6. 6. Other White Artists Heavily influenced by Blues and Jazz <ul><li>Jerry Lee Lewis </li></ul><ul><ul><li>Mixed Rhythm and Blues </li></ul></ul><ul><li>Johnny Cash </li></ul><ul><li>Carl Perkins </li></ul>
  7. 7. The Popularization of Rock and Roll <ul><li>African Americans were instrumental in the progression of rock and roll music. </li></ul><ul><ul><li>Mitch Miller, Columbia Records </li></ul></ul><ul><li>White Teenagers </li></ul><ul><ul><li>White teenagers became more and more aware of R & B and were buying black artist’s records, white kids in high school and college </li></ul></ul><ul><li>Poor Southern Whites- Using white privilege for good </li></ul><ul><ul><li>Poor southern whites spread the message of rock n’ roll to millions </li></ul></ul>
  8. 8. Rock went vanilla: Success through White Privilege <ul><li>No demand for Black music in the late 1950’s. Sam Phillips </li></ul><ul><ul><li>Record Producer, Sun Studios </li></ul></ul><ul><ul><ul><li>“ If I could find a white man with a negro sound and a negro feel, I could make a billion dollars” (Rockin in Time) </li></ul></ul></ul><ul><ul><ul><li>Race Records = R&B </li></ul></ul></ul><ul><li>White artists copied African-American artists’ songs. </li></ul><ul><ul><li>This left countless African-American artists bitter and sometimes broken. </li></ul></ul><ul><li>Columbia, Capitol, Decca, and RCA employed new marketing techniques: sell in suburban areas . </li></ul>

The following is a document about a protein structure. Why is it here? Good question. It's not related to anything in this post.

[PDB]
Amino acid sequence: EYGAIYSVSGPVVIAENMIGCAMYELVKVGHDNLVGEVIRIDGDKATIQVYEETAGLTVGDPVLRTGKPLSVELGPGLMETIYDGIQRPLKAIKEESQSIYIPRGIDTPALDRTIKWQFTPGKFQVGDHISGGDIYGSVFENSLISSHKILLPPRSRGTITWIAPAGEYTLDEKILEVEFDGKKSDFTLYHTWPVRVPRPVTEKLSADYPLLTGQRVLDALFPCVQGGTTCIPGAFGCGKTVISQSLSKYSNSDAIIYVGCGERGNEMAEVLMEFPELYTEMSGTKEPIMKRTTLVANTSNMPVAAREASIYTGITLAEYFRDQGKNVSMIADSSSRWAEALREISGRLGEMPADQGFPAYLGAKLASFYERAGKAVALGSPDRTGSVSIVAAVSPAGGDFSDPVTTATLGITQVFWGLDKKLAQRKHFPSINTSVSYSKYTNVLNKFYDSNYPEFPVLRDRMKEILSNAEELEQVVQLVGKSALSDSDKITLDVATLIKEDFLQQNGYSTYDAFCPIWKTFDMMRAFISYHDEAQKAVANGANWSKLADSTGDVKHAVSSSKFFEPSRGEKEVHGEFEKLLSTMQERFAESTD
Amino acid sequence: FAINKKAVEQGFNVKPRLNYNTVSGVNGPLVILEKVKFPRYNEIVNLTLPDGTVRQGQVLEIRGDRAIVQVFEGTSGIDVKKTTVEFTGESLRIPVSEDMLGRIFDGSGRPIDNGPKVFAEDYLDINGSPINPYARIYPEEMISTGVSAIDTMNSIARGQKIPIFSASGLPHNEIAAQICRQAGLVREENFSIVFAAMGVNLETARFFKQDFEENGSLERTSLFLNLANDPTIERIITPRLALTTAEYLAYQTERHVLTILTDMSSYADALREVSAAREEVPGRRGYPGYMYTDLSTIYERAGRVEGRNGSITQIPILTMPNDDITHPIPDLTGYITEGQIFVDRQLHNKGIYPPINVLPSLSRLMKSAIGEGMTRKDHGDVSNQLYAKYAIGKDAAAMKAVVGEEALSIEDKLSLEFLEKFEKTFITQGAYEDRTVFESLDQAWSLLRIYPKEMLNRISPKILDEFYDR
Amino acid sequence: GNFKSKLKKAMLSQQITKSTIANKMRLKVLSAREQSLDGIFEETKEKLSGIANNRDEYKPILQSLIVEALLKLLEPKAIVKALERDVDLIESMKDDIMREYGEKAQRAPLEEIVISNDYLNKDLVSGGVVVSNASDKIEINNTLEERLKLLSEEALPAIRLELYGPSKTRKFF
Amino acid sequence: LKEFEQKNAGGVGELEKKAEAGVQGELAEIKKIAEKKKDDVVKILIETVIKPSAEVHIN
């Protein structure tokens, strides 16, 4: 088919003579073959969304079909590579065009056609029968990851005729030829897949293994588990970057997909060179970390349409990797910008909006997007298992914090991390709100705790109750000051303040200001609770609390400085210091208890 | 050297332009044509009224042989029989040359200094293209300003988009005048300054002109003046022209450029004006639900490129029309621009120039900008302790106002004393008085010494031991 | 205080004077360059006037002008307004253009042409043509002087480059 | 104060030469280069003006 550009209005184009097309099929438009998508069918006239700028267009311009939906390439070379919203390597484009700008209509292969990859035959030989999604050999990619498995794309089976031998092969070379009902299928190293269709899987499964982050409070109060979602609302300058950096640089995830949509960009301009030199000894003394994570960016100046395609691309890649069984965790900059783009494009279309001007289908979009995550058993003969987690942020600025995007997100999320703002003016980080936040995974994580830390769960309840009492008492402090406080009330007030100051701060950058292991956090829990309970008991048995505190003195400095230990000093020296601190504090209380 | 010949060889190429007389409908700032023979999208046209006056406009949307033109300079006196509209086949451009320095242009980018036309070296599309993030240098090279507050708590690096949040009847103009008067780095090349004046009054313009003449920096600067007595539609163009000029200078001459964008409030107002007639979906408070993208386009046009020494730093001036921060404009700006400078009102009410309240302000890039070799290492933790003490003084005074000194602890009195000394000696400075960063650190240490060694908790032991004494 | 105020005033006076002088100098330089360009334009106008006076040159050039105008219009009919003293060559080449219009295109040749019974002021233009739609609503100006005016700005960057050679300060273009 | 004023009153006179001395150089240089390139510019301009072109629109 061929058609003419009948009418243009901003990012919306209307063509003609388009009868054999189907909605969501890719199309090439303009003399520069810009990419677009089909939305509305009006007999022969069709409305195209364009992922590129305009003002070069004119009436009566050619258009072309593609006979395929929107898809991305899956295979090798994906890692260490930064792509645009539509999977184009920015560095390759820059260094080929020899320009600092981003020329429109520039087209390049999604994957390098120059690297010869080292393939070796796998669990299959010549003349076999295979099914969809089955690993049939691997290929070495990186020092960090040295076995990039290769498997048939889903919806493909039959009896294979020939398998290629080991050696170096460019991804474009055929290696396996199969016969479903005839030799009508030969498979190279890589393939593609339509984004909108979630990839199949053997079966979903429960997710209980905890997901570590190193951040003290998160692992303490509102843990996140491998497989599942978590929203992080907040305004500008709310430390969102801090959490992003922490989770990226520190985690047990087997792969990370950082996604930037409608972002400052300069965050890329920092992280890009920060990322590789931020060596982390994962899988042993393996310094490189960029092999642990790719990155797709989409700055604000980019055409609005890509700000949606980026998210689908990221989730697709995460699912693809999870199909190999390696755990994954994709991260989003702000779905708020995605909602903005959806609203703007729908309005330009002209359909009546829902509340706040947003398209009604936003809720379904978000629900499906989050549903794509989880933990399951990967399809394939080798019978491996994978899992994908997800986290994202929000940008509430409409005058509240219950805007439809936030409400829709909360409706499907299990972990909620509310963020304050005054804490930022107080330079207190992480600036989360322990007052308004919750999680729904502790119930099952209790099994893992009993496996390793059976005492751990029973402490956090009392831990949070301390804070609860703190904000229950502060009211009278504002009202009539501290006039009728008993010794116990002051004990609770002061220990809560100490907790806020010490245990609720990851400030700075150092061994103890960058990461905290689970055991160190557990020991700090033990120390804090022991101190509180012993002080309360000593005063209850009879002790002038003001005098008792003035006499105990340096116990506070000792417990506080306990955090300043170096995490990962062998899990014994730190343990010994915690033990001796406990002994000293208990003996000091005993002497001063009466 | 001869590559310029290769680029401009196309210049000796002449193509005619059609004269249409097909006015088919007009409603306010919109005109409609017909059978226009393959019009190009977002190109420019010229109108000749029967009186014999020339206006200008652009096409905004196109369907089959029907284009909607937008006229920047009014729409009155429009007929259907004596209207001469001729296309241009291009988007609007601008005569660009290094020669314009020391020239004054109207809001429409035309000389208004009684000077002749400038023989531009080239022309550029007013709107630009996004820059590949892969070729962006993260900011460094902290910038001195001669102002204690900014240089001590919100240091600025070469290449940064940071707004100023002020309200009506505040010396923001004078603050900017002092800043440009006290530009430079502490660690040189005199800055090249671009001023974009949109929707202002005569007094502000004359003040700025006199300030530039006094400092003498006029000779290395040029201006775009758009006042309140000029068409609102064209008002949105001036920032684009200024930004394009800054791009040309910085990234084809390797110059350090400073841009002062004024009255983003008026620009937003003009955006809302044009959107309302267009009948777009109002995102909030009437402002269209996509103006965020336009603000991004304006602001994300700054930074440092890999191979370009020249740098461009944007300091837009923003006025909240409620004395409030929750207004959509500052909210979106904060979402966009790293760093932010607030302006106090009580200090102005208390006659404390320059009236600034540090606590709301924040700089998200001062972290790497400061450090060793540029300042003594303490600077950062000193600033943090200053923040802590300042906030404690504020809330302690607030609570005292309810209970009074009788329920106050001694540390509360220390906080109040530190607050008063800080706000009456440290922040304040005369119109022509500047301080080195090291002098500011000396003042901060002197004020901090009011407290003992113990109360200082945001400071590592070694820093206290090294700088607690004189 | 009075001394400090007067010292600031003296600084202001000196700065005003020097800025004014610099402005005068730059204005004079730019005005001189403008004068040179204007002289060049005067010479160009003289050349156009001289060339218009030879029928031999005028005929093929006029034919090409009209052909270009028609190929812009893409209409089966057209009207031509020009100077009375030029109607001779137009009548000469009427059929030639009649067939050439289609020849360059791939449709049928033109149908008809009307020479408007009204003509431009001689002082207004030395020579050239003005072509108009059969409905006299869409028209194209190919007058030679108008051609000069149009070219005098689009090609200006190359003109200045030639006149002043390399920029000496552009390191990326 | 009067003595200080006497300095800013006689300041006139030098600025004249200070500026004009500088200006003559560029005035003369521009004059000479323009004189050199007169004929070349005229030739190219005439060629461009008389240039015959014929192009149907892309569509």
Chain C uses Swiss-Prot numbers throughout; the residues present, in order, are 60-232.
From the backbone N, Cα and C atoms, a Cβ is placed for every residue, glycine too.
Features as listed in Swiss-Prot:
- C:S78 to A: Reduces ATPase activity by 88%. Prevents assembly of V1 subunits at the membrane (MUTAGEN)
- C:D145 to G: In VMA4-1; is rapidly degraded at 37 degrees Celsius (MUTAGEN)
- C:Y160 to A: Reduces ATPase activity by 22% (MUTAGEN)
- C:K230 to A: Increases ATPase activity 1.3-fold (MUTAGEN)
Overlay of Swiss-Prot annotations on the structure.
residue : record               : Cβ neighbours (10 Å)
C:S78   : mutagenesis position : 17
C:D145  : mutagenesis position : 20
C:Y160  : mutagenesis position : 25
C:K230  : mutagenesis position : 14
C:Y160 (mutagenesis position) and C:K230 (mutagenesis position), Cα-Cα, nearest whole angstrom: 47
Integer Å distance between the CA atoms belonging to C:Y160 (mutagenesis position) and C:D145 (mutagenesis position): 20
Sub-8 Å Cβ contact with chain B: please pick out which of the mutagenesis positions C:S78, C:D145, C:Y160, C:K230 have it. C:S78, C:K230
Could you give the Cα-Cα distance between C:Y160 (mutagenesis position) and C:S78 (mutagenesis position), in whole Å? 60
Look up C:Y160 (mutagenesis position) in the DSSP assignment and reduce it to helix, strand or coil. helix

9. 9. Black artists and institutional discrimination <ul><li>Segregation Practices of Radio Stations. </li></ul><ul><li>Industry leaders ban African-American music from the Airwaves. </li></ul><ul><li>A color line was established in the record industry that was difficult to cross. </li></ul>
  10. 11. Bob Dylan Dylan’s early influences included Muddy Waters, John Lee Hooker, Jimmy Reed, and Howlin’ Wolf.
  11. 12. Using White Privilege for Good <ul><li>Dylan joined the Folk movement </li></ul><ul><li>He moved to New York and wrote many songs on civil rights </li></ul><ul><li>On August 1963 he marched on the Washington D.C protest for civil rights led by MLK Junior. </li></ul>